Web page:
With the Red Sox taking a commanding 2-0 series lead, both teams will take Thursday off to travel to Los Angeles. The World Series will resume on Friday night. If they sweep, the Red Sox can take home the championship on Saturday.

Astros claim AL pennant with walk-off win against the Yankees

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Following a rollercoaster performance on Saturday, the Astros clinched the American League Championship Series with a decisive 6-4 walk-off win against the Yankees, claiming their second AL pennant and earning a well-deserved entrance to the World Series.

Both clubs decided to preserve possible Game 7 starters Luis Severino and Gerrit Cole, electing to have a “bullpen day” for a pivotal Game 6. Chad Green took the mound for the Yankees, tossing one inning before handing the ball off to a long line of relievers, while Brad Peacock‘s rare playoff start was capped at 1 2/3 innings. According to ESPN Stats & Info, that made it the first postseason game since 1999 in which neither starting pitcher lasted two innings or longer.

All told, the two clubs utilized a total of 13 pitchers to make it through nine innings. The Astros lost Ryan Pressly to a worrisome knee injury in the third, but were able to lean on José Urquidy for 2 2/3 innings of one-run, five-strikeout ball. Although Yankees’ bullpen fought back in every inning, they had considerable difficulty recovering from Yuli Gurriel‘s three-run homer off of Green in the bottom of the first:

Still, New York managed to get in a couple of knocks as well: first, with Gary Sanchez‘s RBI single in the second inning, then with Gio Urshela‘s 395-foot blast in the fourth inning — the second of his postseason career to date. That wasn’t enough to close the gap, however, and Alex Bregman‘s productive groundout in the sixth helped cushion the Astros’ lead as they headed toward the final few innings of the series.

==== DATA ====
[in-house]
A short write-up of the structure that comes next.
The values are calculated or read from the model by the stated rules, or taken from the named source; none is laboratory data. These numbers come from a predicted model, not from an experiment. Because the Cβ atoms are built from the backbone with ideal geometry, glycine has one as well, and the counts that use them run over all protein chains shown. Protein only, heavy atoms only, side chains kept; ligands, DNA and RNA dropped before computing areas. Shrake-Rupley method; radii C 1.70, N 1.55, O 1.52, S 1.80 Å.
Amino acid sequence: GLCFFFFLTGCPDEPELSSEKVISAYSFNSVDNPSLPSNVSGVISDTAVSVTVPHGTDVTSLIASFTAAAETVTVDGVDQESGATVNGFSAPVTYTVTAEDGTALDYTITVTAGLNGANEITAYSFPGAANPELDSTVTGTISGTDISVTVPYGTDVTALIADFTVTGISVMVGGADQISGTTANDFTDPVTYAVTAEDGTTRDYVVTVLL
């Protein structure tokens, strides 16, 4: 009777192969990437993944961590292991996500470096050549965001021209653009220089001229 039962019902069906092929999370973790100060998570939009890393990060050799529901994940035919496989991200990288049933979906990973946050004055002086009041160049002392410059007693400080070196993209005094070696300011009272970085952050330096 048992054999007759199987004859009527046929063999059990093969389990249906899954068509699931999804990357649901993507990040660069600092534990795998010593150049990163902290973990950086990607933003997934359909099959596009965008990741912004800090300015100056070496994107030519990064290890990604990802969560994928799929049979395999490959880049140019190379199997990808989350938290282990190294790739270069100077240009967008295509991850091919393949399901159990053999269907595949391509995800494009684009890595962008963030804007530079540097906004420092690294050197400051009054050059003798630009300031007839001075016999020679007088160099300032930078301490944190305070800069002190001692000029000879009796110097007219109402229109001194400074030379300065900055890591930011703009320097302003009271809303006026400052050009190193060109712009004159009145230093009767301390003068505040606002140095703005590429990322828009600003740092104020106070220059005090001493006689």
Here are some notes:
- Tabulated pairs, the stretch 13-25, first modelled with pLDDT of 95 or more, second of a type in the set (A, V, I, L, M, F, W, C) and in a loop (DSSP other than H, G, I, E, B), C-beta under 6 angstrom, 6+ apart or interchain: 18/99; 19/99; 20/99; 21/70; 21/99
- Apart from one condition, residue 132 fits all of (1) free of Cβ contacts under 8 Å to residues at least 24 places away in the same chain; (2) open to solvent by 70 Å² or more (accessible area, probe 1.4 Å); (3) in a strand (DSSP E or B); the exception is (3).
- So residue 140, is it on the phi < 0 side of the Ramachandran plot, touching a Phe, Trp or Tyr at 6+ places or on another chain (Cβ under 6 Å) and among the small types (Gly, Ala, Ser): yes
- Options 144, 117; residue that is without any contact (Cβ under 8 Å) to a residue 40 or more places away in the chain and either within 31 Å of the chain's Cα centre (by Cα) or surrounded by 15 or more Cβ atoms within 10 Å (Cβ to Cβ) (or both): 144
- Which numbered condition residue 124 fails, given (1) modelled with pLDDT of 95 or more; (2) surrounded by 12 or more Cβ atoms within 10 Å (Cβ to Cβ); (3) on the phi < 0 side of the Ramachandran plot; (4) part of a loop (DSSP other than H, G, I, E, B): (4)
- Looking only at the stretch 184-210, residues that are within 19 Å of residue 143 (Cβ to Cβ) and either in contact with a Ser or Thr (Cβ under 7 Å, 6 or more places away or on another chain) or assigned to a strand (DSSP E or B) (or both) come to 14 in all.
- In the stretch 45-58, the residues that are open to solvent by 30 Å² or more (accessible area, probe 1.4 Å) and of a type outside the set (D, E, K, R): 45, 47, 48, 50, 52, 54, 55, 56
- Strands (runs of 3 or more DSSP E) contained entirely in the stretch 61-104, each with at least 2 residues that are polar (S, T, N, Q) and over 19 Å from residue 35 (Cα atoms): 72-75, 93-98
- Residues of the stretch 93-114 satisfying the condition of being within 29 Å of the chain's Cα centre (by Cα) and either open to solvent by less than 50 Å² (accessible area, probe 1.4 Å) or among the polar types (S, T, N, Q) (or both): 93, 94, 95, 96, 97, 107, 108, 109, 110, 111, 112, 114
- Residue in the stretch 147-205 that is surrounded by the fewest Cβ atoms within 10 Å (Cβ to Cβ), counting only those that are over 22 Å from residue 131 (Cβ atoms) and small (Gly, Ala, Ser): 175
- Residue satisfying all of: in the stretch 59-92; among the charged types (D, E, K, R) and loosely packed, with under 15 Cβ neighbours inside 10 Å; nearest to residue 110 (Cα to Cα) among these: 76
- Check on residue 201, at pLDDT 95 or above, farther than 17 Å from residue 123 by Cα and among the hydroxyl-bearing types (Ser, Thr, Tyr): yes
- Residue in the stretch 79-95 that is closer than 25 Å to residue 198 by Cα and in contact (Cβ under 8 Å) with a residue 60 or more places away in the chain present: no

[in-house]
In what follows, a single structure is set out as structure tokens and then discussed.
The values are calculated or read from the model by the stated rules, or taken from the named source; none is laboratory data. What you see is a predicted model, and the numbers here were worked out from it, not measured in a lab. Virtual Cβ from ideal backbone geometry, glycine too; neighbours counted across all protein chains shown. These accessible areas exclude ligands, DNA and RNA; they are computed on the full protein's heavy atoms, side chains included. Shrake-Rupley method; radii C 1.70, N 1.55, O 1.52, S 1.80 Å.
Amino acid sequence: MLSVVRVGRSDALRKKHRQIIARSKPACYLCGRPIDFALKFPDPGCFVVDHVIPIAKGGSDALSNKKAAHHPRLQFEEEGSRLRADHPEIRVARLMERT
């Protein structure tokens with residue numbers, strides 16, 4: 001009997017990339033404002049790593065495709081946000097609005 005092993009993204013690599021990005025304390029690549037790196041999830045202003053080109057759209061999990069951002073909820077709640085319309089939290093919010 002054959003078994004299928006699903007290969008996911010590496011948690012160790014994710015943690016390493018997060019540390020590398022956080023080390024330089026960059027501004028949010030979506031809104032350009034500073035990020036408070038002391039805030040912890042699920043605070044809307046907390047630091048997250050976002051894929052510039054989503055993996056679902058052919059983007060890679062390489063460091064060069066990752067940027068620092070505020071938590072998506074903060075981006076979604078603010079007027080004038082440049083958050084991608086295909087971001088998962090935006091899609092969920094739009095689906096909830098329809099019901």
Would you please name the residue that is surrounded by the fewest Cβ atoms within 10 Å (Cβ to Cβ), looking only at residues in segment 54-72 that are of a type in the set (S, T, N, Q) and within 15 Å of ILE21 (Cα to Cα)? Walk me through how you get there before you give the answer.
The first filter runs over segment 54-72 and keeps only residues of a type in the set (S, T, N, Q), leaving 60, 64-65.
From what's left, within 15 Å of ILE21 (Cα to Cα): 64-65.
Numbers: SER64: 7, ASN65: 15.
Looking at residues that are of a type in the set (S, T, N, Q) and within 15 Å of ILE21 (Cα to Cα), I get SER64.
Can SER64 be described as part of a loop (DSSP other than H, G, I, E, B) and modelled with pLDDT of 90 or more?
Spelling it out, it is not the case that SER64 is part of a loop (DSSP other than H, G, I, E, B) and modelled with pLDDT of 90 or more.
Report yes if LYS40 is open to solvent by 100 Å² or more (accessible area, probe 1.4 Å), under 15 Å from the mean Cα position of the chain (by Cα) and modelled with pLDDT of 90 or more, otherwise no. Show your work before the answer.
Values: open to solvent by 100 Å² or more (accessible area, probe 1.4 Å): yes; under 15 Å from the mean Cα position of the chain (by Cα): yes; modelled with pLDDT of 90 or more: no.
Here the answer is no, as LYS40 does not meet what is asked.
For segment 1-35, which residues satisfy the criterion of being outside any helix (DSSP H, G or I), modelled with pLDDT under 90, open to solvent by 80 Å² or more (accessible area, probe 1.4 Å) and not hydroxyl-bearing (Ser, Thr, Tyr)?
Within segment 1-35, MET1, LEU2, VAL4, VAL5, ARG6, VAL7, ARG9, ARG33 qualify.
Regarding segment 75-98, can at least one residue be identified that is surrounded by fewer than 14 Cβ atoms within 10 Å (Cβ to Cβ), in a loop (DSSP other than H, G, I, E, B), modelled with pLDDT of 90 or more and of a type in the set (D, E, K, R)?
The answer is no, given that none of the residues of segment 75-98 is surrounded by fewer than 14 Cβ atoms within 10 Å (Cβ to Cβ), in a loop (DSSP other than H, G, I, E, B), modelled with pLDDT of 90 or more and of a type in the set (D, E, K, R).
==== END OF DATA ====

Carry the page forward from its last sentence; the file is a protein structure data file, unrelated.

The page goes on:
That lead started to look a little shaky in the ninth. Only three outs away from a ticket to the World Series, Houston closer Roberto Osuna gave up a leadoff single to Urshela, which was quickly followed by a jaw-dropping, full-count, game-tying two-run shot from DJ LeMahieu that barely cleared the right field fence.

With the threat of extra innings and a potential loss looming, the Astros engineered a last-minute rally to regain the lead and stake their claim for the pennant. With two outs and no runners on, George Springer took a five-pitch walk from Aroldis Chapman. In the next at-bat, Houston pinned their hopes on José Altuve — and he didn’t disappoint, lifting a 2-1 slider out to left field for a 406-foot, two-RBI homer that confirmed the Astros’ series win.

The 2019 World Series will mark the third Fall Classic appearance for the Astros and the first for the Nationals. It all begins on Tuesday night.